Scientists reveal the best way to treat pancreatic cancer

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Specific molecular signals released by pancreatic cancer cells have been determined. Pancreatic cancer is usually detected after the disease has spread, and chemotherapy often has no effect on slowing the development of cancer. Even with treatment, most patients can only survive for about six months after being diagnosed with pancreatic cancer.

In pancreatic cancer, fibroblasts are abundant, accounting for nearly 90% of tumor mass. This matrix prevents anticancer drugs from entering the target. In addition, stromal cells secrete factors that contribute to tumor growth. Researchers at Professor David Tuveson’s laboratory at Cold Spring Harbor Laboratory (CSHL) believe that different types of treatments can be better. Part of the problem is that cancer cells in the pancreas are protected by the dense matrix surrounding them. The stroma is a mixture of extracellular components and non-cancerous cells called stroma. All solid tumors contain stroma. Overcoming the protective effects of the matrix is ​​challenging, but as reported in the journal Cancer Discovery on October 26, 2018, the new clue from the Tuveson team points to a promising strategy. The new findings indicate that drugs that target the correct cellular pathway not only prevent tumor-supporting cells in the matrix, they may be recruited into the fight against cancer.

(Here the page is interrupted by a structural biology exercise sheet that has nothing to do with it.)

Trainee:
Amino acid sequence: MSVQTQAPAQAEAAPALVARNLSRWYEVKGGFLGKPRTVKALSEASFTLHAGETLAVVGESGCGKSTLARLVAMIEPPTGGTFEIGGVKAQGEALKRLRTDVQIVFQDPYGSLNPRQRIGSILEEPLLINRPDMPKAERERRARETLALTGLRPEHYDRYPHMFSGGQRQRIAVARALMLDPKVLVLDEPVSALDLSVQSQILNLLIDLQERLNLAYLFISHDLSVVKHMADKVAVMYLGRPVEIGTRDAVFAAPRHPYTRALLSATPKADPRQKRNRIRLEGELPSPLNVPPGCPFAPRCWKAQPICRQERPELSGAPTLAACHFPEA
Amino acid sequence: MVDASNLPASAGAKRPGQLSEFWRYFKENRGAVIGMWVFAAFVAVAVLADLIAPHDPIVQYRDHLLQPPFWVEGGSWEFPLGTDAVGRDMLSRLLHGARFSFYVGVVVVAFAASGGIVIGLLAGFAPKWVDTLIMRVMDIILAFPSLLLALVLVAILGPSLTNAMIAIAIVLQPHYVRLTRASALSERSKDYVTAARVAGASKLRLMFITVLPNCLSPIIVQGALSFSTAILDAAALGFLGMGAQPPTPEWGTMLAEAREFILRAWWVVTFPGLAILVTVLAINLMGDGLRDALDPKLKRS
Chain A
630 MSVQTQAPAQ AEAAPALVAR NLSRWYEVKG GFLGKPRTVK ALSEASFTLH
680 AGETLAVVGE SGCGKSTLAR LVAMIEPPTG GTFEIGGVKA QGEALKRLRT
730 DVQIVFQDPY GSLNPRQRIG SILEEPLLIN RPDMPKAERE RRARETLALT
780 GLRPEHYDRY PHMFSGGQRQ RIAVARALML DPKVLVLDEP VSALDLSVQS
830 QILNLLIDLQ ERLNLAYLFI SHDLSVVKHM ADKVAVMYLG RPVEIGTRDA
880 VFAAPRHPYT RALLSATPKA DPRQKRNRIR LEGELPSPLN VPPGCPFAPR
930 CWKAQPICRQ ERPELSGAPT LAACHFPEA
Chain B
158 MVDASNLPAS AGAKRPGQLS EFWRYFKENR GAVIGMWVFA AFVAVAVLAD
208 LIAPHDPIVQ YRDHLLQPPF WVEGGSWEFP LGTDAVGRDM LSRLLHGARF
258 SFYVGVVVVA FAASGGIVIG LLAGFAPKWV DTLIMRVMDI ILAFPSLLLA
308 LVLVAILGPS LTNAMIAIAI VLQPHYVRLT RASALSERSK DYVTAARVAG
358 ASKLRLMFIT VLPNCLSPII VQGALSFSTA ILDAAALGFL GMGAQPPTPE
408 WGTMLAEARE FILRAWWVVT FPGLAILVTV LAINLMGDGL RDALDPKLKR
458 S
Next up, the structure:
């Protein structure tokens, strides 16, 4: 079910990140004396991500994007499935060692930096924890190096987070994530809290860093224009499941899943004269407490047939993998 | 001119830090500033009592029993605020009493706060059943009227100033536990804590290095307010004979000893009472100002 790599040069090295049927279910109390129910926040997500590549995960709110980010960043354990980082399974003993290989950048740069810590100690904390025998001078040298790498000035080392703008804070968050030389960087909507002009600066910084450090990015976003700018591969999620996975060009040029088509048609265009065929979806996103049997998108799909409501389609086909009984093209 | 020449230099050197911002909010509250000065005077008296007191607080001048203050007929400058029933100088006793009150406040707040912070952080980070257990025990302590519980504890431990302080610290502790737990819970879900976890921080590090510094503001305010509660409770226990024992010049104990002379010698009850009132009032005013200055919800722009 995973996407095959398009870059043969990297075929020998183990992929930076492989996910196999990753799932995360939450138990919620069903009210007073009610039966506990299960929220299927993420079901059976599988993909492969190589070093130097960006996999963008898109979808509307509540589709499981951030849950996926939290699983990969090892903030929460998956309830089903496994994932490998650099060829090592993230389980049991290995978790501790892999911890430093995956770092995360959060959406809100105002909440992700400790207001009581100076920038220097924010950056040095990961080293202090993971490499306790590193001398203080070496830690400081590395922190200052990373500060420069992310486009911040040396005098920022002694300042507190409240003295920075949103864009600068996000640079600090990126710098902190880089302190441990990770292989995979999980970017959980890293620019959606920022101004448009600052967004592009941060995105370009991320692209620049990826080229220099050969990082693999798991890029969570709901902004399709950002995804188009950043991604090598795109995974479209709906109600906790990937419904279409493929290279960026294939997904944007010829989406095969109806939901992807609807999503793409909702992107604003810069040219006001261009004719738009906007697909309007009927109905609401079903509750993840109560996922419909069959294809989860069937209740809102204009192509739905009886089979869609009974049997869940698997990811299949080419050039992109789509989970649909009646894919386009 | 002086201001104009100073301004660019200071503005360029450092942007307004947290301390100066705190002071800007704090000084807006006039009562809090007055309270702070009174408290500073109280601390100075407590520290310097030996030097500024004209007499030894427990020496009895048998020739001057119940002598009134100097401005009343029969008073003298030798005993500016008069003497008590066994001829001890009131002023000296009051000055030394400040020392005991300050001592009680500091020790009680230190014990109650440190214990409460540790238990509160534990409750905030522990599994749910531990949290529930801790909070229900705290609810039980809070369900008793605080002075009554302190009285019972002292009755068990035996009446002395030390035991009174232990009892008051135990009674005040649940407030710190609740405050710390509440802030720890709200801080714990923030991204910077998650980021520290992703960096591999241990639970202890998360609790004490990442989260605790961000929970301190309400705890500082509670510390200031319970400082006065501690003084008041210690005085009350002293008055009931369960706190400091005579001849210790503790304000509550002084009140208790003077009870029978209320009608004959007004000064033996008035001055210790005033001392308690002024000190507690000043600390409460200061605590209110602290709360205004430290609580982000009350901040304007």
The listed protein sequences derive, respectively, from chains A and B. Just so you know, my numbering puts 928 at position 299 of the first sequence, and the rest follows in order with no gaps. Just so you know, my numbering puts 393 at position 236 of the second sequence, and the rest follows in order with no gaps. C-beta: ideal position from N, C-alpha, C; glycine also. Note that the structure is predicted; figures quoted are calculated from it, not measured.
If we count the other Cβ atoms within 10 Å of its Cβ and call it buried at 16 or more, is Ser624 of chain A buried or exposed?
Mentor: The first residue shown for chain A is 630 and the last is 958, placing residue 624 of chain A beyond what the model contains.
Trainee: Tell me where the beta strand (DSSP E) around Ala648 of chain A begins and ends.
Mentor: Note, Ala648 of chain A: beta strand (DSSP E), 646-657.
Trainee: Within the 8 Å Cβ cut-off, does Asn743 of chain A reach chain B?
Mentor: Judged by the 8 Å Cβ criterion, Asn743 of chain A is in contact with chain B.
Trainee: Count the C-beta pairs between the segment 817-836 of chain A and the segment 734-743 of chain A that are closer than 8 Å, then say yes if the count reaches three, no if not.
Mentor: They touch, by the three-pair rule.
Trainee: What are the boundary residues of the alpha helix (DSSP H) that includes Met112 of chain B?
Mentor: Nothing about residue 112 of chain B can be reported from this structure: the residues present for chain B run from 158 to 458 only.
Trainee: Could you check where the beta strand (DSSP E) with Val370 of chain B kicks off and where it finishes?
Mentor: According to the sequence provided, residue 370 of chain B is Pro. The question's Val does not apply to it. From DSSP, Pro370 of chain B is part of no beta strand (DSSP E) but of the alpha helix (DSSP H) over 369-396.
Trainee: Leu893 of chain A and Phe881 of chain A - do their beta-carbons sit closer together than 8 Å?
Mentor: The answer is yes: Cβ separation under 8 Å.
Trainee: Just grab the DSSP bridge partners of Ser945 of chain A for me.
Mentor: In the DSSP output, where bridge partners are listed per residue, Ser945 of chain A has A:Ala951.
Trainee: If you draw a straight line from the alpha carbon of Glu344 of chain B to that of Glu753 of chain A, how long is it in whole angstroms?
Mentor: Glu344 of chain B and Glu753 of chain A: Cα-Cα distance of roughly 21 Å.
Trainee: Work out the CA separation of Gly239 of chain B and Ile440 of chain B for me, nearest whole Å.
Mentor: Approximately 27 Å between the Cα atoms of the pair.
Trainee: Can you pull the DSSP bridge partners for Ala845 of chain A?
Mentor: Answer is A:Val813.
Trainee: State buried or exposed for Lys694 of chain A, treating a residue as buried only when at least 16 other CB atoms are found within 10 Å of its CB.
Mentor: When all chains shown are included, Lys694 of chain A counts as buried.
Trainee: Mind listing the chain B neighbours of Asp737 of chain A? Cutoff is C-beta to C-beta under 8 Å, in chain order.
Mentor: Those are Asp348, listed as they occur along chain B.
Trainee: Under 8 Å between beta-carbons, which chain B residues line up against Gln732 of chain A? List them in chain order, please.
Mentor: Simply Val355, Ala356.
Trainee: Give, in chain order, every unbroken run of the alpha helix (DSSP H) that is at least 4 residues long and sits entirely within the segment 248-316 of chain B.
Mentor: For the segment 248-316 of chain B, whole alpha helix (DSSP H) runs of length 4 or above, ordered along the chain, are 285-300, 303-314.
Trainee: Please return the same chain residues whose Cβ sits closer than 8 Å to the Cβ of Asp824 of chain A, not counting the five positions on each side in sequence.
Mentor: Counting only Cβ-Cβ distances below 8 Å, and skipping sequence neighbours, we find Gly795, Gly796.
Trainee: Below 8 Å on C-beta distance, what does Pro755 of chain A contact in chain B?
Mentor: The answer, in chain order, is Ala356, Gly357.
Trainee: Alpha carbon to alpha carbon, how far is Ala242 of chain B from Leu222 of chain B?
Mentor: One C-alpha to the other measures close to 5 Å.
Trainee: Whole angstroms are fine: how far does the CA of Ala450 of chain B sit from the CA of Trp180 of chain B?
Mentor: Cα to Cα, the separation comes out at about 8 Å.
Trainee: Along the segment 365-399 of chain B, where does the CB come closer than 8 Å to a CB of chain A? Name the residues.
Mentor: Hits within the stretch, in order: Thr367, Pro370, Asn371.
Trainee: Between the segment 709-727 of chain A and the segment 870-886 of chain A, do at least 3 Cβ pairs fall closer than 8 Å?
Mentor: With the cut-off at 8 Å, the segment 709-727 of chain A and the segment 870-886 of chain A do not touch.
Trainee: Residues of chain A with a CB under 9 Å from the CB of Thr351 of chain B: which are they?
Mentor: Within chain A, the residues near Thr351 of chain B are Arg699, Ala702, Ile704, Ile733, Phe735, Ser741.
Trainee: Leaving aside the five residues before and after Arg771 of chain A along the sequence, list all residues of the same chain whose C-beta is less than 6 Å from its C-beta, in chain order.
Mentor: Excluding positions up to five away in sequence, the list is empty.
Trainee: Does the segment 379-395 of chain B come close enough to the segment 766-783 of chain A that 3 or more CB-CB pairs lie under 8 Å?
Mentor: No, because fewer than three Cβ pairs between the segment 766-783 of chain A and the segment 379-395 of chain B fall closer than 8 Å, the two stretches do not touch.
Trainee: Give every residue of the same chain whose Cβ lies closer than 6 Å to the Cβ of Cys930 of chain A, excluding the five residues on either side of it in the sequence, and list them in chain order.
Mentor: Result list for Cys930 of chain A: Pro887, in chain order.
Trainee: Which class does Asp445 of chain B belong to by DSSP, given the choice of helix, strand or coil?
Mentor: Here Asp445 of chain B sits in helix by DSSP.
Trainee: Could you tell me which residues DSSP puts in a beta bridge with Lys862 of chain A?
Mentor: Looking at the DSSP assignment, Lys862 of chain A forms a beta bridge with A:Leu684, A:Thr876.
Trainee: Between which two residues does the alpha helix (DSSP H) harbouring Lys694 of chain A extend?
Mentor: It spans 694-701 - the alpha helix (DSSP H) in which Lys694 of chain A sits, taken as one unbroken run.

The key to the matrix is ​​fibroblasts, which can produce connective tissue of the matrix, and can also produce factors that promote the growth of cancer cells and prevent the immune system from attacking cancer cells. Last year, Tuveson’s team discovered that pancreatic tumor stroma contains at least two types of fibroblasts. One type shows features that are known to support tumor growth, and the other type shows opposite effects. The good news is that the identity of fibroblasts is not fixed, and tumor-promoting fibroblasts can become tumor limiting factors. Giulia Biffi, a postdoctoral researcher in the Tuveson laboratory, explained, “These cells can transform into each other, depending on the clues they get from the microenvironment and cancer cells. In theory, you can transform tumor-promoting cells into tumor suppressors, It ‘s not just depleting tumor-promoting cells. ”They found that IL-1 drives fibroblasts with tumor-promoting properties. They also discovered how another molecule, TGF-β, covers this signal and keeps fibroblasts in a potentially anti-cancer state. Biffi said patients can benefit most from the combination of treatments targeting cancer cells and the microenvironmental part that supports their growth.

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